MORE than 600 patients caught Covid while being cared for by the health trust that runs the Royal Oldham Hospital.

Analysis of NHS England data shows that, between August 1 and March 21, 681 people were thought to have been infected with Covid-19 at Pennine Acute Hospitals NHS Trust, while being treated in hospital for other conditions.

The trust, which runs The Royal Oldham, Fairfield and Rochdale Infirmary as part of the Northern Care Alliance NHS Group cared for 3,445 Covid-19 patients between August 1 and March 21 – meaning 20 per cent are thought to have contracted the disease in hospital.

This is above the 19 per cent average for all NHS acute trusts across the North West.

The highest number of such transmissions was recorded in January alone, when 174 people were believed to have been infected in hospital.

When contacted the trust said their own data from the start of the pandemic showed its “cumulative total of Covid-19 related infections” was calculated at 702 out of 4758 admissions, a total of 14.75 per cent.

A spokesperson for the Trust said: “Throughout the pandemic, we have put rigorous infection prevention and control (IPC) measures in place including bio-security safety (mandatory mask wearing, strict hand hygiene protocol and social distancing) on all our sites.

“We have introduced a variety of IPC measures including twice weekly staff screening, and the screening of all admissions to our hospitals, ensuring separate pathways for patients until they have undergone this rigorous screening regime.”

Rapid testing technology, to identify those who may be asymptomatically positive, and strict visiting policies have also been introduced, as well as an increase in the provision of patient isolation facilities and the use of specialist ventilation solutions.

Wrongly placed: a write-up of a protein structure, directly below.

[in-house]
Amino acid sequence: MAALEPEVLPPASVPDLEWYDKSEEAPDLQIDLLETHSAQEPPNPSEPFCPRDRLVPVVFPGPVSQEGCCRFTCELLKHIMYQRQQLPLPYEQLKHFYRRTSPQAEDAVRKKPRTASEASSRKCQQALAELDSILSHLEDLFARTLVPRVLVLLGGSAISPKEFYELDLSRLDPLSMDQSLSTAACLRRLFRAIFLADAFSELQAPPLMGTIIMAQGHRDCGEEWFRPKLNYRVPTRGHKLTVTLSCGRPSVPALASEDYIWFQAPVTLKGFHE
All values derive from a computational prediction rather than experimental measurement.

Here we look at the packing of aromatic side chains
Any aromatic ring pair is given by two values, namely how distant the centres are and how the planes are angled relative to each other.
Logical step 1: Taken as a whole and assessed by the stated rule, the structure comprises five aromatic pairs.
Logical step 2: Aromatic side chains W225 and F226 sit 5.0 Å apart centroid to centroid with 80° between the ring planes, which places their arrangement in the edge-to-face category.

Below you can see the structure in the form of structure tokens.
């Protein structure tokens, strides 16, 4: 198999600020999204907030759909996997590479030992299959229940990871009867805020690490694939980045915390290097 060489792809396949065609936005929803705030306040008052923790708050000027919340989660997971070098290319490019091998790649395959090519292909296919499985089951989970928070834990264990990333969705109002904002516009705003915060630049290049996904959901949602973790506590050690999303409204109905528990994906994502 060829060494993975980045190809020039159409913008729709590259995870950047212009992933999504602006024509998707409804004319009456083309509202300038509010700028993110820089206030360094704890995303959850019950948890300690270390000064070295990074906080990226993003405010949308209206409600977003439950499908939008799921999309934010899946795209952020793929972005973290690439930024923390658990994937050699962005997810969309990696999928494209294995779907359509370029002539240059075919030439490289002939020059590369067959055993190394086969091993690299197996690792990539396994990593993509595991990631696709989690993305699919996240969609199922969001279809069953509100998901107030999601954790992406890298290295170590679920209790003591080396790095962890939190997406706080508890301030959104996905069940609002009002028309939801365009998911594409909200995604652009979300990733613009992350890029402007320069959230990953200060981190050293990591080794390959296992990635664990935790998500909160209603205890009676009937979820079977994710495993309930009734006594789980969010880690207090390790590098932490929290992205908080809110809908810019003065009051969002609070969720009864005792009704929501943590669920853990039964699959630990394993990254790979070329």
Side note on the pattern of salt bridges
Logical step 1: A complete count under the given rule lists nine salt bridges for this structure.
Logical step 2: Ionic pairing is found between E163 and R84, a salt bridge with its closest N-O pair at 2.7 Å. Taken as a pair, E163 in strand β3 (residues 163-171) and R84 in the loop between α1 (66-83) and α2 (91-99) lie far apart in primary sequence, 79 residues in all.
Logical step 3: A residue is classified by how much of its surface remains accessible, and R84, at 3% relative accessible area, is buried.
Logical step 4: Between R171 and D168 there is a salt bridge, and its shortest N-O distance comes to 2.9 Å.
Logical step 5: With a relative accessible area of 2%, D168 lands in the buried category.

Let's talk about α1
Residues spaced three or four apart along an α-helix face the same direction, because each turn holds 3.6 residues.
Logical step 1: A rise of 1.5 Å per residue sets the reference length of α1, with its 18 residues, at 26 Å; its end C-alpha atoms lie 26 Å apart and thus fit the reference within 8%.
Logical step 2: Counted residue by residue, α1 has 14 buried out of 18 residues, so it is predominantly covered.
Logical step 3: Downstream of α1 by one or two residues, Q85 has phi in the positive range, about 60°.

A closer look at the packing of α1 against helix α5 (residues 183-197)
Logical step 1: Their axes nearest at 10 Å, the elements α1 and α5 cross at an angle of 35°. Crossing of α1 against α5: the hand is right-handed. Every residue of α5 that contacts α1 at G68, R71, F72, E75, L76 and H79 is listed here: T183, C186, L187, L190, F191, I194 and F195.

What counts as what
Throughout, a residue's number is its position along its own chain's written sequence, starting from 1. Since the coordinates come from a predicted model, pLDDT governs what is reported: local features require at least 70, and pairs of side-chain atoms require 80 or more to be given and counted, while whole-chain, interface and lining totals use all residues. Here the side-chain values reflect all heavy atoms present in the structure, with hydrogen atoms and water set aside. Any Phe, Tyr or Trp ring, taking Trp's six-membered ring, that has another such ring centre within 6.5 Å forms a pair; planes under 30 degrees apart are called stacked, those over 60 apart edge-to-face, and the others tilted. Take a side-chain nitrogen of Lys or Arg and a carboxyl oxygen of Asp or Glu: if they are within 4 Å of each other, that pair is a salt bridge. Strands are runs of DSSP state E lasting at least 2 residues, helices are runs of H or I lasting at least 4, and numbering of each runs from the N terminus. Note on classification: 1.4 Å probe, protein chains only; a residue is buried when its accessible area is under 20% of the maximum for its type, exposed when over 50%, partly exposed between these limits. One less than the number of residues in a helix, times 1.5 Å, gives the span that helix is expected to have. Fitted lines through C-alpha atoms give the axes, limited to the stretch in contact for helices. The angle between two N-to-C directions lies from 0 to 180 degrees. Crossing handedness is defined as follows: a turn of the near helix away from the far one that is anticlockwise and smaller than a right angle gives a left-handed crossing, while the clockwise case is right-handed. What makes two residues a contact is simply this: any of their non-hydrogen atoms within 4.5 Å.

Across England, 40,670 people are thought to have been infected with Covid-19 in hospital since August last year – 15 per cent of all inpatients with the disease.

The British Medical Association (BMA) said the NHS was already overstretched before the pandemic and warned bed capacity and staffing must be increased to control the spread of the virus in hospitals.

Rob Harwood, chairman of the BMA consultants committee, said: "The NHS went into the current pandemic underfunded, understaffed and overstretched, and the knock-on effects – such as limited bed capacity – has unfortunately meant that controlling the spread of Covid-19 within hospitals has been more difficult than necessary.”

An NHS spokesman said: "The ONS and other data conclusively demonstrate that the root cause of rising infection rates in hospitals is rising rates in the community.

"Since asymptomatic tests kits were made available for the first time by the Government’s Test and Trace programme in November, millions of staff have been tested helping to keep infections as low as possible, and all staff have been asked to rigorously follow Public Health England’s infection control guidance with hospital infection rates currently standing at around 4.2 per cent."